• Raffles International School (South) (9 Comments)
• Horizon School Dubai (16 Comments)
• Uptown Primary School (Mirdif) (10 Comments)
• Al Mizhar American Academy (10 Comments)
• Dubai International Academy (10 Comments)
• Universal American School in Dubai (9 Comments)
• Deira International School (9 Comments)
If you know about what it is like working at one of these international schools in Dubai, log-on today and submit your own comments and information. If you submit more than 30 comments and information, then you can get 1 year of premium access to International School Community for free!continue reading
Only on International School Community will you be able to search for the perfect international school for you. The possibility to search (using our unique search engine) for international schools based on the type of school that best fits your criteria. There are many different kinds of schools: ones that are small in student numbers to ones that have more than 1200 students, ones that are for-profit to ones that are non-profit, ones that are in very large cities to ones that are in towns of only 1000 people, etc. Each international school teacher has their own type of a school that best fits their needs as a teacher and a professional. You personal life is also very important when you are trying to find the right match. Most of us know what it is like to be working at a school that doesn’t fit your needs, so it’s best to find one that does!
Utilizing the School Profile Search feature on International School Community, you can search our 1136 schools (updated 8 March 2012) for the perfect school using up to 8 different criteria. The 8 criteria are: Region of the world, Curriculum, School Nature, Number of Students, Country, Year Founded, Kinds of Students and Size of City. You can do a school profile search in three different locations on our website: the homepage, the Schools List page and on the side of every school profile page.
Search Result #3 (click here to look at Search Result #1 posted in December 2011 and here for Search Result #2 posted in January 2012)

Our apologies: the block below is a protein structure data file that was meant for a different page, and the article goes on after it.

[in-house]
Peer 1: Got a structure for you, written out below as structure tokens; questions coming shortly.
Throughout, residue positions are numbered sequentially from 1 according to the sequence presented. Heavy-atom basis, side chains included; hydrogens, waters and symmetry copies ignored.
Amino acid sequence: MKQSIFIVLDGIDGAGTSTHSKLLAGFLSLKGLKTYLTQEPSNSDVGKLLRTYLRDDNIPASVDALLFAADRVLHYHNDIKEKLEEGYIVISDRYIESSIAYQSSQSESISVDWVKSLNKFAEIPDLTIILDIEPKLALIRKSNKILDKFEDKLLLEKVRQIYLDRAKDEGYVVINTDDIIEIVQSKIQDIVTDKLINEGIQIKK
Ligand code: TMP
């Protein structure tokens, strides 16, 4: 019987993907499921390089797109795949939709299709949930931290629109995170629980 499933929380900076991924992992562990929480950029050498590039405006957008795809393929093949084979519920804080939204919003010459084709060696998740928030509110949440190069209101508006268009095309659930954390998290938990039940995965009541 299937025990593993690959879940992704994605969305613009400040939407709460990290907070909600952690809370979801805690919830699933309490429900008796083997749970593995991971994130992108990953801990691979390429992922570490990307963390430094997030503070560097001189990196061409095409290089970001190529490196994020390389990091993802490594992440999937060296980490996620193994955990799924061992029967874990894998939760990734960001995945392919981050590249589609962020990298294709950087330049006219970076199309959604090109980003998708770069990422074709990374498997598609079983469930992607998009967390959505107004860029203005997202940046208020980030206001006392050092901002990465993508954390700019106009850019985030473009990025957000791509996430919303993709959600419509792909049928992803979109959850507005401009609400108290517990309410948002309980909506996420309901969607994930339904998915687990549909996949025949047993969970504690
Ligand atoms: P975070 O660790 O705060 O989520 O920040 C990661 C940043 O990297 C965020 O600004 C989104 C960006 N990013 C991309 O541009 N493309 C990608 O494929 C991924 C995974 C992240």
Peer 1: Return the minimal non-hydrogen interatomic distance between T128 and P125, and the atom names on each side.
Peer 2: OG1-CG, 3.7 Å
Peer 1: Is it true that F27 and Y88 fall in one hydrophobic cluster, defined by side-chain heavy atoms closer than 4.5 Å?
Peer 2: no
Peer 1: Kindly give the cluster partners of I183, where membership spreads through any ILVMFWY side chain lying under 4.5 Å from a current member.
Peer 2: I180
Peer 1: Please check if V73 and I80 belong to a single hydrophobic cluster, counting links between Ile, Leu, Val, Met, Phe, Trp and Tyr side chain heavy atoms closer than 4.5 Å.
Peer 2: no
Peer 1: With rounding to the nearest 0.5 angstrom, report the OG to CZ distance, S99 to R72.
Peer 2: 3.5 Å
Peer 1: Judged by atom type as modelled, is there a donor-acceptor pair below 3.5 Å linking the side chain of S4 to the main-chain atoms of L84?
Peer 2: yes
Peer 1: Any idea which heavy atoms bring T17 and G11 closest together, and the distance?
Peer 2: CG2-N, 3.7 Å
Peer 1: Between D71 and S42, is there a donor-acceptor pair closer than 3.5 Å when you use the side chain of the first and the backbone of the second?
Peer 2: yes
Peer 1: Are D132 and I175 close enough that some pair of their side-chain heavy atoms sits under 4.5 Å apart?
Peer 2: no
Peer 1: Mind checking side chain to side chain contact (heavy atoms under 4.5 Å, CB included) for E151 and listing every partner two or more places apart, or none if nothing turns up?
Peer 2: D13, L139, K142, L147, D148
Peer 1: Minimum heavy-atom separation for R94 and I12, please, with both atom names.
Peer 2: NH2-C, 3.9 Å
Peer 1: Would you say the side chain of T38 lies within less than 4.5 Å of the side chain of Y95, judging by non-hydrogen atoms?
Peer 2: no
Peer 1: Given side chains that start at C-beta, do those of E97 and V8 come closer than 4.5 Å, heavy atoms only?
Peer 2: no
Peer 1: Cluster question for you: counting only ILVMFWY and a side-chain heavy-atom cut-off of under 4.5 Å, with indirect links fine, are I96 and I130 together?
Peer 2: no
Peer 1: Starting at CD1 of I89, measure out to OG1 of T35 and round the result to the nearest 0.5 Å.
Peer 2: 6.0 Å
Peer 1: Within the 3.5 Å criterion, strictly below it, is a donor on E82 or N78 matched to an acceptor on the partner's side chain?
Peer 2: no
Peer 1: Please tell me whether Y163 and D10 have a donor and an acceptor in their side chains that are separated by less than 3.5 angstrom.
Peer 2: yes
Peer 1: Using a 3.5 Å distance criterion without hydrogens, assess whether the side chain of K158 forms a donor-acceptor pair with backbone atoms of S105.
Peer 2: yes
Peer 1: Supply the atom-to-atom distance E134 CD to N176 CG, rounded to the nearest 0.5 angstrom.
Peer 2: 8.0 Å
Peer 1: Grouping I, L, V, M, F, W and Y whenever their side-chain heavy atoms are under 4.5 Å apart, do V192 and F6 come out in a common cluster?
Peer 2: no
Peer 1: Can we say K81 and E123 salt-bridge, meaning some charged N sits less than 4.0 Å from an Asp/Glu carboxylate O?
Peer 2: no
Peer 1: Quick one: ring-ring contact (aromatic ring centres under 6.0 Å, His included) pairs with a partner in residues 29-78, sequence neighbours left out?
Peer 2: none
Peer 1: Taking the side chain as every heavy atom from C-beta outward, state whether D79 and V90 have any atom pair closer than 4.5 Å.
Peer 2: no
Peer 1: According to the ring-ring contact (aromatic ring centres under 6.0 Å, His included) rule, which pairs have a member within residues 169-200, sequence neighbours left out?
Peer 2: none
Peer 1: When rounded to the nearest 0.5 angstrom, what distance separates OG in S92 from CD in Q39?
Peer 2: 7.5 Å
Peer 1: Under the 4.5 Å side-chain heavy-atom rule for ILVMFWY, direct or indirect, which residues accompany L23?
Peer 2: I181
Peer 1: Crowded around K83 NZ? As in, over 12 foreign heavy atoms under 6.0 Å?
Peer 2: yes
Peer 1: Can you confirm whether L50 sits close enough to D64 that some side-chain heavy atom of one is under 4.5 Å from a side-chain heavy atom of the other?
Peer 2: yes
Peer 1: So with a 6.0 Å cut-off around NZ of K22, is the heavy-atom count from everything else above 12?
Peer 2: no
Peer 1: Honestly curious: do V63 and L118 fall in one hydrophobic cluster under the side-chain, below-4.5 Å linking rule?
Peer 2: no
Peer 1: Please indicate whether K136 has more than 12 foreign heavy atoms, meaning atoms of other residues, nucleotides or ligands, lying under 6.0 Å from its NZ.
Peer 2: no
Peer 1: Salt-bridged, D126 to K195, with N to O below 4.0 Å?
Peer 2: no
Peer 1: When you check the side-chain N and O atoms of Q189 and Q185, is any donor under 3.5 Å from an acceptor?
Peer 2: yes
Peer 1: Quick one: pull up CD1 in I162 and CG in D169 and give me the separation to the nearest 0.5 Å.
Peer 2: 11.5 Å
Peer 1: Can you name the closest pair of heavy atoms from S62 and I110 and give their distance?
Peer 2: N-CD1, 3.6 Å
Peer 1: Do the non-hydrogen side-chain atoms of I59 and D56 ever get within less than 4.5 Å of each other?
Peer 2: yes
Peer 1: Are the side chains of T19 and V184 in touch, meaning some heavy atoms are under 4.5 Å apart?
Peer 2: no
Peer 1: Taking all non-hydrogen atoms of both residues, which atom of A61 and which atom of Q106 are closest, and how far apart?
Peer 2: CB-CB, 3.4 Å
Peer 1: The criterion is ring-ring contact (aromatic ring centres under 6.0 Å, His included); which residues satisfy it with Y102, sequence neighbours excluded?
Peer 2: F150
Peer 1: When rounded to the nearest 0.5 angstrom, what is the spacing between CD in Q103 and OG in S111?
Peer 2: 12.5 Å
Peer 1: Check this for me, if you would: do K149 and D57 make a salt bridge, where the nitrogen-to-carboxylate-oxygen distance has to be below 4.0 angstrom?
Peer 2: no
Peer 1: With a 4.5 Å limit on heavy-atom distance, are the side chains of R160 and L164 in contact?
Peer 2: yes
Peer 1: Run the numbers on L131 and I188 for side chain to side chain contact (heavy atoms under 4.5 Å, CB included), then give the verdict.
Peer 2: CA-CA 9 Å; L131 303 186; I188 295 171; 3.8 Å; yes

Schools Found: 5
Bahrain – Hawar International School (5 Comments)
Qatar – Modern American School (0 Comments)
Kuwait – American Academy for Girls Kuwait City (0 Comments)
Kuwait – American Bilingual School (14 Comments)
United Arab Emirates – Universal American School in Dubai (9 Comments)
Why not start your own searches now and then start contacting the schools that best fit your needs! Additionally, all premium members are able to access the more than 3400 comments and information (updated 8 March 2012) that have been submitted on the hundreds of international school profiles on our website.
Join International School Community today and you will automatically get the ability to make unlimited searches to find the international schools that fit your criteria.continue reading
v2011.06 – 9 October, 2011:
Are you ready for your midterm break yet? If you live in China (or Asia in general), most likely you have already gone on your midterm trip. Some have gone to Bali, others to Vietnam. If you live in Europe, then your midterm break is probably in just 1-2 weeks time, or week 42 as it is known amongst the locals. Some will go to Malta, others to Greece. If you live in the United States and work for a public school, then you most likely will not get any week off of work until Christmas. Another one of the many perks teaching abroad at international schools!
We all need a break at this point in the year. Ironically though, some trips take time to plan…a lot of time! Hours and hours of searching on various search websites for flights. More hours searching and searching for the right hostal or hotel to stay at or what tour to join. The frustrating part sometimes is that the cheapest flight prices in certain countries are actually found on websites that are only in the host country’s language. Great if you can read that langauge, but a bit challenging if you don’t. It is good to have a native speaker help you out with checking out the airfares on those websites, just to double check you are getting the best deal.